WHERE do you go if you want to learn new skills? There’s no shortage of professional training programmes for people who want to turn themselves into a better cook or a cocktail maker.
Blink Collective is offering something a little different. The start-up provides a platform for people with an interest, whether it is sausage making or escapology, and teach others how to do it.
Blink “graduated” from the Ignite100 digital accelerator programme in Newcastle late last year, and has already collected more than 600 listings for courses across the UK. It has offices in Newcastle and London.
While there are some professional experiences on the site, the thinking behind the business is that people with an interest in a certain area will be able to brush up on their teaching skills, meet people and maybe turn their hobby into a money-spinner.
On the other side, people who want to learn a skill can do so in an informal way with personal guidance from an enthusiast.
“The public is waking up to see that learning new skills and trying activities that are a little different to what they are used to is more gratifying and life-enriching than chasing material possessions,” says Blink founder Peter Kindness.
“New experiences and spontaneity are fun, memorable, character building and, above all, good for the soul.”
Experiences include a Northumberland sausage course, an introduction to wilderness cooking and preparation, and a collaborative effort down in Surrey where visitors can learn cooking skills from a top chef and then pick some project management skills from a leading consultant while they’re eating their meal.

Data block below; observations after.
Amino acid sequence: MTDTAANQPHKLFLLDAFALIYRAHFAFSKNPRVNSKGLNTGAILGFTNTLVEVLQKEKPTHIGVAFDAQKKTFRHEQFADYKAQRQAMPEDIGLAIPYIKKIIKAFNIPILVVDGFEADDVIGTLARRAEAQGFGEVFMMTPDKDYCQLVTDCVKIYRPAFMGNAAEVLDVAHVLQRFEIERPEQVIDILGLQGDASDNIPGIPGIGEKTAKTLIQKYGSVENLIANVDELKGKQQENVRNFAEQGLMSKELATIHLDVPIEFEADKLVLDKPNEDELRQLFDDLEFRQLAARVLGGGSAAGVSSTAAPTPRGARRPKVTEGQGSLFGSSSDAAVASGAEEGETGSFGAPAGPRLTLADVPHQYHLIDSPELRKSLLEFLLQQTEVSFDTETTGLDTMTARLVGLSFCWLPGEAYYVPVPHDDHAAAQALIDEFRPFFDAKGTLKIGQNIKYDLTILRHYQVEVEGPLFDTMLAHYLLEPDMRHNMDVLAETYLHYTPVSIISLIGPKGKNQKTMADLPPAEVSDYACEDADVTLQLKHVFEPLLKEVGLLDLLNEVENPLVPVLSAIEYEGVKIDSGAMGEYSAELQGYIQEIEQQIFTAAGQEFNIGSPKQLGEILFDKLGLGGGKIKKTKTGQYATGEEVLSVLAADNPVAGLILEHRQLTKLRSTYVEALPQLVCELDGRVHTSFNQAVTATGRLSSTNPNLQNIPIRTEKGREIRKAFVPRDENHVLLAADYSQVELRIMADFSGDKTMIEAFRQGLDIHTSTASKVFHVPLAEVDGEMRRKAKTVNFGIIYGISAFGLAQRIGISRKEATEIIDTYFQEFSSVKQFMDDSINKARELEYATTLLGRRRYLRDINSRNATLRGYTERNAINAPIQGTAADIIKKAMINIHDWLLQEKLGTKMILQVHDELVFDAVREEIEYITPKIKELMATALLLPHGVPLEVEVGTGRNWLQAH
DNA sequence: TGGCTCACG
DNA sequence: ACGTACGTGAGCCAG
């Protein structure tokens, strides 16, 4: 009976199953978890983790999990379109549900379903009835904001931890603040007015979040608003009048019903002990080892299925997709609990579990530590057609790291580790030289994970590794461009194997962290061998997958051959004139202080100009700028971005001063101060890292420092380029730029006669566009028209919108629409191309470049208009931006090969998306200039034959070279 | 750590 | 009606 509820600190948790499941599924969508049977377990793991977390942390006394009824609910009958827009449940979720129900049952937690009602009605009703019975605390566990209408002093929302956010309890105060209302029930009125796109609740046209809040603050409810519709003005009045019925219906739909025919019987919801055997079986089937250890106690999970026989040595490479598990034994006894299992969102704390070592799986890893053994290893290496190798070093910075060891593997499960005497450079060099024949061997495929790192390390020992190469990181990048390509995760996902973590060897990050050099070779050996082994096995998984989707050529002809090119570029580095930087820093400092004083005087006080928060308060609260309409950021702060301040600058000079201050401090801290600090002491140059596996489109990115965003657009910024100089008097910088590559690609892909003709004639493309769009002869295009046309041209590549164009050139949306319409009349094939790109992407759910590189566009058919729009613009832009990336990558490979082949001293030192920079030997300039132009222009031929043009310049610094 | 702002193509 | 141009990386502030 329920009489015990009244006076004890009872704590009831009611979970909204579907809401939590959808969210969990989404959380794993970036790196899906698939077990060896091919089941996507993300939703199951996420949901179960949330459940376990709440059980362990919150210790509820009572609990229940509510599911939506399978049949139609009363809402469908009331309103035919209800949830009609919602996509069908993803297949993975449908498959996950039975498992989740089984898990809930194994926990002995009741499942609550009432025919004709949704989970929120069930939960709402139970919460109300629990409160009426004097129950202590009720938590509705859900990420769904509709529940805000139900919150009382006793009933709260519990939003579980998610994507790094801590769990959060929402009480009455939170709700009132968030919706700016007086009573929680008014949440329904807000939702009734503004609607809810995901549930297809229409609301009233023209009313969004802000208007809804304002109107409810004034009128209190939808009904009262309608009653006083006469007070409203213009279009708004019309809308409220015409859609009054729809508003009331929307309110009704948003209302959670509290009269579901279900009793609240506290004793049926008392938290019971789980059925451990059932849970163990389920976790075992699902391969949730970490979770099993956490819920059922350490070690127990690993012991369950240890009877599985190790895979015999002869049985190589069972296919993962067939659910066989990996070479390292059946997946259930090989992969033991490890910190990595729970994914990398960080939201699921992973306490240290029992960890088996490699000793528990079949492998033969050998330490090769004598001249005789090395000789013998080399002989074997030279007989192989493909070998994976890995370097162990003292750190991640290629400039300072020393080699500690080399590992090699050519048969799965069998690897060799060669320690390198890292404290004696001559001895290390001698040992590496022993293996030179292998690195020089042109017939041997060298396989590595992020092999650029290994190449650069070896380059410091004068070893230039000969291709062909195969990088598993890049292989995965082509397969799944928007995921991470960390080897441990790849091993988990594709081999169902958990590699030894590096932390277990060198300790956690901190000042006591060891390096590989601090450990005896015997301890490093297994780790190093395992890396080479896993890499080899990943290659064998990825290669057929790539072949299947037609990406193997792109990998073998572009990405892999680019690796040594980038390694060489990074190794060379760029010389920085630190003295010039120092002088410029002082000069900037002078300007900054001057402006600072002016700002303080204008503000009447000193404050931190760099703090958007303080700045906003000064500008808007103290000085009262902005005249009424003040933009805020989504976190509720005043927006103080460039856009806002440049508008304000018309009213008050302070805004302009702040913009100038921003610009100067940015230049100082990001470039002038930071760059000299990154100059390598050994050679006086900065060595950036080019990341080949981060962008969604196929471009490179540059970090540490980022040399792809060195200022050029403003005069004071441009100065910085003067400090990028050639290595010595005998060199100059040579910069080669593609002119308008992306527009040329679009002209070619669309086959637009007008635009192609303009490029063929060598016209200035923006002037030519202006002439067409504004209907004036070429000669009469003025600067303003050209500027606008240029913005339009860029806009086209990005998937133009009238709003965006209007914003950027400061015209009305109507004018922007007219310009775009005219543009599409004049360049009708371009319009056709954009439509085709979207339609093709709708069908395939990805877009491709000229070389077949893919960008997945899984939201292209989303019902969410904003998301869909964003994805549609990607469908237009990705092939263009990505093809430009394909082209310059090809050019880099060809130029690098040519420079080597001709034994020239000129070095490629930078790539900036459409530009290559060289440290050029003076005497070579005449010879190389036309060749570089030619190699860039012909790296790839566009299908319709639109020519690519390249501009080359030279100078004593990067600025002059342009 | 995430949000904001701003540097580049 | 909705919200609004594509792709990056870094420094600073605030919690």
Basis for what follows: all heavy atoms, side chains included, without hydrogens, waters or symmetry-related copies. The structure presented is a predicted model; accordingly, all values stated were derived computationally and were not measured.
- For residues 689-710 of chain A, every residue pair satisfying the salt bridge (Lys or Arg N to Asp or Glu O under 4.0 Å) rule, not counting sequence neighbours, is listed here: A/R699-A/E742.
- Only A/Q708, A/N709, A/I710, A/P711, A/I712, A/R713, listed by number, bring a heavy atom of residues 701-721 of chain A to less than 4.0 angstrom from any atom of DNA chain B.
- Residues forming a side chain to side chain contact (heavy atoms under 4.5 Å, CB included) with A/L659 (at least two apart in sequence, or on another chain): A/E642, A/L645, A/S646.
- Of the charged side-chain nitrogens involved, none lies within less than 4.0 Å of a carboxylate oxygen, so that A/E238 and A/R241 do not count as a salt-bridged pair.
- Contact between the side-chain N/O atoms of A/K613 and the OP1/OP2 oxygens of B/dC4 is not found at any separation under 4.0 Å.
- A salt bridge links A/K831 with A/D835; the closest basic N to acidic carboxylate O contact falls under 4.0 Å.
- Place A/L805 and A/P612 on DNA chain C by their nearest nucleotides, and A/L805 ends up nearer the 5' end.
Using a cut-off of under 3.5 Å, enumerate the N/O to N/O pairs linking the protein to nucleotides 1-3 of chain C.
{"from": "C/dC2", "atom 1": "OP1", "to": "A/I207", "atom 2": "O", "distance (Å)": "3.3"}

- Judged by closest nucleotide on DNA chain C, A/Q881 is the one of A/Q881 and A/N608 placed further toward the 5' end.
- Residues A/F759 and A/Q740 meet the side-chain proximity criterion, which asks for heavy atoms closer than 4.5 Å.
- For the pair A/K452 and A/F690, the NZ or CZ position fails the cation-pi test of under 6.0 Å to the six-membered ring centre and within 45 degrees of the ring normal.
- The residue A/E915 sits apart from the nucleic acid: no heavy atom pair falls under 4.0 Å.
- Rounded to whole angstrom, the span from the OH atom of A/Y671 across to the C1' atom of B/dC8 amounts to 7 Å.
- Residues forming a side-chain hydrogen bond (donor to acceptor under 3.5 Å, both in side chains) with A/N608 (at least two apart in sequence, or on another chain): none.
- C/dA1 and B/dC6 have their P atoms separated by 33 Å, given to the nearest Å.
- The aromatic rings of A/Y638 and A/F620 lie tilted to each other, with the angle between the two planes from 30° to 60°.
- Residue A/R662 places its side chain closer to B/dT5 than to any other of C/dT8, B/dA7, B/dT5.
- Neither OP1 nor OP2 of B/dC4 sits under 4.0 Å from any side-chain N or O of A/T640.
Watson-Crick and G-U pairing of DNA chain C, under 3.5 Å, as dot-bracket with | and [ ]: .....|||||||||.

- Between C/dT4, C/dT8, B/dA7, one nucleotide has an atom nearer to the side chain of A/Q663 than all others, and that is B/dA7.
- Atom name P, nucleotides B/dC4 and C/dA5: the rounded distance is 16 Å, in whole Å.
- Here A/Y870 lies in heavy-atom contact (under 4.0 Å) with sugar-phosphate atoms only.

What’s more, non-culinary experiences include workshops on photography, football skills and even escapology.
Business development executive Michael Raven said: “The idea is to encourage guests to pick up a new experience and pursue it as a hobby or even become a host themselves down the line.
“A lot of people already have a passion and don’t know how to share it. You don’t necessarily need to be an expert to host. If you’re passionate enough, that will make the course interesting and worthwhile.
“Of course, the dream is to have a second income and do something you’re passionate about. But the idea is centred on the experience economy, where you’re buying things to do rather than just buying things.”
The business is particularly focused on food and drink experiences, but it aims to expand its range.
Users can search an interactive map on the site for the chance to learn near them, or whittle down the list by clicking on categories entitled Make, Learn, See and Do. Blink’s team approves each experience before it is uploaded.
Kindness said: “When people experience new things and learn new skills, they grow as a person. We think Blink can be a great place for people to find and share those experiences; a marketplace with real value.”